Wednesday, October 12, 2011

Debate Assessment: Romney Again.

In the last debate, a few weeks ago, I was hoping the governor of Texas would really come on strong with a good performance and be a major challenger to Mitt Romney, giving us two strong candidates to choose from to take on Obama.  That didn't happen.  In fact, Perry's performance was so weak that it just about took him out of the race.  In this debate last night, I was really hoping Herman Cain, who was already coming on like gang busters, would even shine more than he has already been in the debates. I really like Herman Cain. He did give a good performance but not quite as good as the last debate.

I will give my honest, and as objective as I can, assessment of each candidate in the debate.  I will give the candidates in the order of their performances.

 Warning: For all of my twitter friends who don't like Mitt Romney [for the GOP nomination], you may want to stop reading now.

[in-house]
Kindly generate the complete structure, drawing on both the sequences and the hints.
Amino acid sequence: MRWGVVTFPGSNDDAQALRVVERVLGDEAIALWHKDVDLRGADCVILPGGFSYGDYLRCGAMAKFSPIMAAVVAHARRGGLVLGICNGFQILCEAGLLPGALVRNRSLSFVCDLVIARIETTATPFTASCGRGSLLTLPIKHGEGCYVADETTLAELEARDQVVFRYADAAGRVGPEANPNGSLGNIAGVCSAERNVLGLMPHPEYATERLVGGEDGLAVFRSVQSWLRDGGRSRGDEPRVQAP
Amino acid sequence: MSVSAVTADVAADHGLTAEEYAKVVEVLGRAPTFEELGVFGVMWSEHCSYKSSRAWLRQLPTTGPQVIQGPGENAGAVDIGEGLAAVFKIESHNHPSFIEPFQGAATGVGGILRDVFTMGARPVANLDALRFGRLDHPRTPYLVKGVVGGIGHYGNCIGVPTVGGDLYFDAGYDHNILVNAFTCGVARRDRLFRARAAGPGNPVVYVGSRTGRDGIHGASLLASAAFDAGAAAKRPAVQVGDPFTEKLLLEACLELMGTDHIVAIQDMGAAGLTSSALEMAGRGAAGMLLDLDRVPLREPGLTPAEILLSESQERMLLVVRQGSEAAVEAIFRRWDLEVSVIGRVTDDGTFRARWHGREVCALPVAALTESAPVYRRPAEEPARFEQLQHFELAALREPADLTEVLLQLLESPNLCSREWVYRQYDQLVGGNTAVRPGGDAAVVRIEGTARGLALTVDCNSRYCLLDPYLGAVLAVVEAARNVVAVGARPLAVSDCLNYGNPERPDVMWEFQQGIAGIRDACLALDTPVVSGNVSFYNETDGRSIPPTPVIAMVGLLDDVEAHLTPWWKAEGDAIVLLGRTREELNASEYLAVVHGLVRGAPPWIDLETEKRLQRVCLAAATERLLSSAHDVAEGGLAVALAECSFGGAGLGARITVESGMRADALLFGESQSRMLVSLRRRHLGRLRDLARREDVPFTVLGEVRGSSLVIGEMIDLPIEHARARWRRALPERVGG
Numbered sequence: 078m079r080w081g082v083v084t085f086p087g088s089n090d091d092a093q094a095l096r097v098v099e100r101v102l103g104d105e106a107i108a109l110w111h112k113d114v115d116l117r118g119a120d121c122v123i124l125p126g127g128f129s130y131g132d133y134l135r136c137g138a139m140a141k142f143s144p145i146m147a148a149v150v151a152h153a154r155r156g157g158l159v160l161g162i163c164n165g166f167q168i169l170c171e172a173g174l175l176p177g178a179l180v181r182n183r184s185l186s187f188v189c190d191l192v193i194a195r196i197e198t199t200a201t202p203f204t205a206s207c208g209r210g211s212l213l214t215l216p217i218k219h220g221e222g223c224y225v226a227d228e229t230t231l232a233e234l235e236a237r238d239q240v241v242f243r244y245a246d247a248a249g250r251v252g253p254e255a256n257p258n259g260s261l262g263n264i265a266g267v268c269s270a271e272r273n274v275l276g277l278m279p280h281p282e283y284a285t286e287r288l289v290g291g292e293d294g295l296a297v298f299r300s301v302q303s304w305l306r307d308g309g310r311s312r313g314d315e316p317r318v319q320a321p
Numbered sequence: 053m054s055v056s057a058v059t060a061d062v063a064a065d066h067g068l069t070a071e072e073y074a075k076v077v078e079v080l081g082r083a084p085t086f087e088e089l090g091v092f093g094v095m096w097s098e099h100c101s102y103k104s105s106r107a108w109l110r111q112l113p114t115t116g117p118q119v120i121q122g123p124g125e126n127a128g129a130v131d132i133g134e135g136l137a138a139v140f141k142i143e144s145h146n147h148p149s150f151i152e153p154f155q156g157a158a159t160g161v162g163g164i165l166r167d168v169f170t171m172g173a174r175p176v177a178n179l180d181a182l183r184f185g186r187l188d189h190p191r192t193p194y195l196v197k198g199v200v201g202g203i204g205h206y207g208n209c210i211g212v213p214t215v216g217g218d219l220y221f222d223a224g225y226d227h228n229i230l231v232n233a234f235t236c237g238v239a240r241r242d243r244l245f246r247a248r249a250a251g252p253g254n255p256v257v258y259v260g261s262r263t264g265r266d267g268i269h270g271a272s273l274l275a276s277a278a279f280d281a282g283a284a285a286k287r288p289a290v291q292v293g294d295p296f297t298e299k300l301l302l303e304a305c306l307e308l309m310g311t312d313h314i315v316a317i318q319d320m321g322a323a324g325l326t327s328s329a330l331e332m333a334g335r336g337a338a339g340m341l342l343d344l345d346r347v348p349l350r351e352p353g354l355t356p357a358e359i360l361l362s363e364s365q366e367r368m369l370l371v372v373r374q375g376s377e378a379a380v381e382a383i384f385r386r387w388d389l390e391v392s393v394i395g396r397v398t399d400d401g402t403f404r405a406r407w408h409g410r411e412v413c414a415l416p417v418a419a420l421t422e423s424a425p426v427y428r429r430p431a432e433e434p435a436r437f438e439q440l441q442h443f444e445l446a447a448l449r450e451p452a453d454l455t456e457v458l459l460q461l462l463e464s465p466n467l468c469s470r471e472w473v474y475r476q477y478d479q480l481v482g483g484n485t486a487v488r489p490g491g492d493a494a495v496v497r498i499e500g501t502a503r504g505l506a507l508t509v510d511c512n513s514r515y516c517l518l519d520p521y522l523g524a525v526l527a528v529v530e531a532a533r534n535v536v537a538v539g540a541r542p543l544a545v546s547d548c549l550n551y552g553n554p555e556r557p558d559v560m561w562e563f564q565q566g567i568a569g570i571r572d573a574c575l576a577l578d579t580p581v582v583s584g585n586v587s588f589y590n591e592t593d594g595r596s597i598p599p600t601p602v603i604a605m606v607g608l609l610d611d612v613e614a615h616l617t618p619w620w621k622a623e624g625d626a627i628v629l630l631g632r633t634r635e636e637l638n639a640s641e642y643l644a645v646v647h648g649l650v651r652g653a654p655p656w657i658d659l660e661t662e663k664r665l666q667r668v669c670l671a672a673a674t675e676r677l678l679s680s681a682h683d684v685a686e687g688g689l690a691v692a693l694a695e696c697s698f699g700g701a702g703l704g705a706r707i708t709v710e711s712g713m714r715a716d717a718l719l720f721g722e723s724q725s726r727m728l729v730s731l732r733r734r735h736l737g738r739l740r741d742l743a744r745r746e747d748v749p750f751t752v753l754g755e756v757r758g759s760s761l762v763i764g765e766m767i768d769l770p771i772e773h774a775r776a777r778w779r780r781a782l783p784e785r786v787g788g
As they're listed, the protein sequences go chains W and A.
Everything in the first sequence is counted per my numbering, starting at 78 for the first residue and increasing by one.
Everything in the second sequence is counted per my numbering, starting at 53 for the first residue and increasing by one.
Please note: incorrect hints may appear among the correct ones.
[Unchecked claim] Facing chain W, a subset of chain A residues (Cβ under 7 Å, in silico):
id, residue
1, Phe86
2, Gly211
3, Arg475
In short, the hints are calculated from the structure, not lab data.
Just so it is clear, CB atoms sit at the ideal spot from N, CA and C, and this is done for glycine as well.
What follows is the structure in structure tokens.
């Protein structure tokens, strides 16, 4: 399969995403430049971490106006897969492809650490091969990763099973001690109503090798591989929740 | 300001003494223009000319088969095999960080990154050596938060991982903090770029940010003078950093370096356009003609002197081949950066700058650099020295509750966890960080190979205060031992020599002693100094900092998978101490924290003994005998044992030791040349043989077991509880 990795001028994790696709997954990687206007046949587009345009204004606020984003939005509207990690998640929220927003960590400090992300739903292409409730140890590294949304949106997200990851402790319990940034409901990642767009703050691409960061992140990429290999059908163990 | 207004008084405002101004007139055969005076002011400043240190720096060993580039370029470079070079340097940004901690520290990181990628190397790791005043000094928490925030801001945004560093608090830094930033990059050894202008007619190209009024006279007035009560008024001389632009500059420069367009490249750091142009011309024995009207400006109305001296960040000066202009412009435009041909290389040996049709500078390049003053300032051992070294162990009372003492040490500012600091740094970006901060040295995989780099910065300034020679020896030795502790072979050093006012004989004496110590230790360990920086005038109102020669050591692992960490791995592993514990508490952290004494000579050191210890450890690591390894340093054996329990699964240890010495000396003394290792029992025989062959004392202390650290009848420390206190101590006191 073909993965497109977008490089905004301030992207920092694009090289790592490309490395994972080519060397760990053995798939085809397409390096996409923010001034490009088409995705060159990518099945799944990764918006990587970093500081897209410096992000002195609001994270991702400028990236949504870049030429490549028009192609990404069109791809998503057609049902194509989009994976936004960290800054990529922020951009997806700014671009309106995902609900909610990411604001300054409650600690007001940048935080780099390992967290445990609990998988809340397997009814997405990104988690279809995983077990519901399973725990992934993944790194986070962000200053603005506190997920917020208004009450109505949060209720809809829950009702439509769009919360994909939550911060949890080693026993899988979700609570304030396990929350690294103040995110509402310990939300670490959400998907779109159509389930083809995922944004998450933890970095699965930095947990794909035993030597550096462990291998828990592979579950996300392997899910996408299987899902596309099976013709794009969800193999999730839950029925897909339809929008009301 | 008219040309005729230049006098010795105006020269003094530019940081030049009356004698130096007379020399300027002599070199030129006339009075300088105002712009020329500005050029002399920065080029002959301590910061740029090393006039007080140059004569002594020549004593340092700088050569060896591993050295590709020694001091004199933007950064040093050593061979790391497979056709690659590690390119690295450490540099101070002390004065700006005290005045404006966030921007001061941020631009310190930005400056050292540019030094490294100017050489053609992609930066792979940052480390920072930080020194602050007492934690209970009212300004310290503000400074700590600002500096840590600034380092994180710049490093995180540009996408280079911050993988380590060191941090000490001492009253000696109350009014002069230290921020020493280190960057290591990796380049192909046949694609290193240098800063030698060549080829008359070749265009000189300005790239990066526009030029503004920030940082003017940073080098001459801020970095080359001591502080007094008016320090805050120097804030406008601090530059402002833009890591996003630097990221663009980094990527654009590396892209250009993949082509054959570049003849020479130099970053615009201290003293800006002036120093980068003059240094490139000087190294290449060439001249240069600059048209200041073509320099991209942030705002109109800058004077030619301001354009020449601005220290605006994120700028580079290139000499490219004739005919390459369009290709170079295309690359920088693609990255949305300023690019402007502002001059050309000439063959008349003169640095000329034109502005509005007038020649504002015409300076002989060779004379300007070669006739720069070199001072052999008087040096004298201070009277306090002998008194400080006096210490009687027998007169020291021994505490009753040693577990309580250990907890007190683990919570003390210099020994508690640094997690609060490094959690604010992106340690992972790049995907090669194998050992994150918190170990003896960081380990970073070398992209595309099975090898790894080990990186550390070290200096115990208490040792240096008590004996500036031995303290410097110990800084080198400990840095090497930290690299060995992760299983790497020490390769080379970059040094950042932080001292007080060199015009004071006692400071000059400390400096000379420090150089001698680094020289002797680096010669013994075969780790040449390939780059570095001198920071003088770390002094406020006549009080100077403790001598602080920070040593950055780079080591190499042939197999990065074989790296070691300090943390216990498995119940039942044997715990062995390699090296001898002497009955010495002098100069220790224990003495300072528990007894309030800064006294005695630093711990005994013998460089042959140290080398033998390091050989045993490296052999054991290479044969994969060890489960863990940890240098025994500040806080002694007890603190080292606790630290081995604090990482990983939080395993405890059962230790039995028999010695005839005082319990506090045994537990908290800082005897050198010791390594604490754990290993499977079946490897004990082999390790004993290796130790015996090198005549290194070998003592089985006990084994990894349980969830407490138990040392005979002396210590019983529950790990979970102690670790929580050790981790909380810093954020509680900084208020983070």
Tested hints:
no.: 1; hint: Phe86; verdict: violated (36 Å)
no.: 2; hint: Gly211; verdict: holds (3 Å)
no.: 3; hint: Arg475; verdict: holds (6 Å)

Mitt Romney:  The clear winner.  As in the other debates, Romney was confident, knowledgeable, and presidential.  You can see this man as the next president of the United States.  He gave the strongest defense yet of the difference between Romney care and Obama care and why his plan was right for his state and his state alone, but that Obama care is so wrong for the nation. This time he said he will not just give waivers to states on the first day he is in office to stop Obama care for their states, but then on the second day he will work to completely eliminate Obama care.  There was one other trait Romney showed, that he did not show in the other debates. He gave the appearance of the inevitable winner, and with his answers he is already looking toward the general election.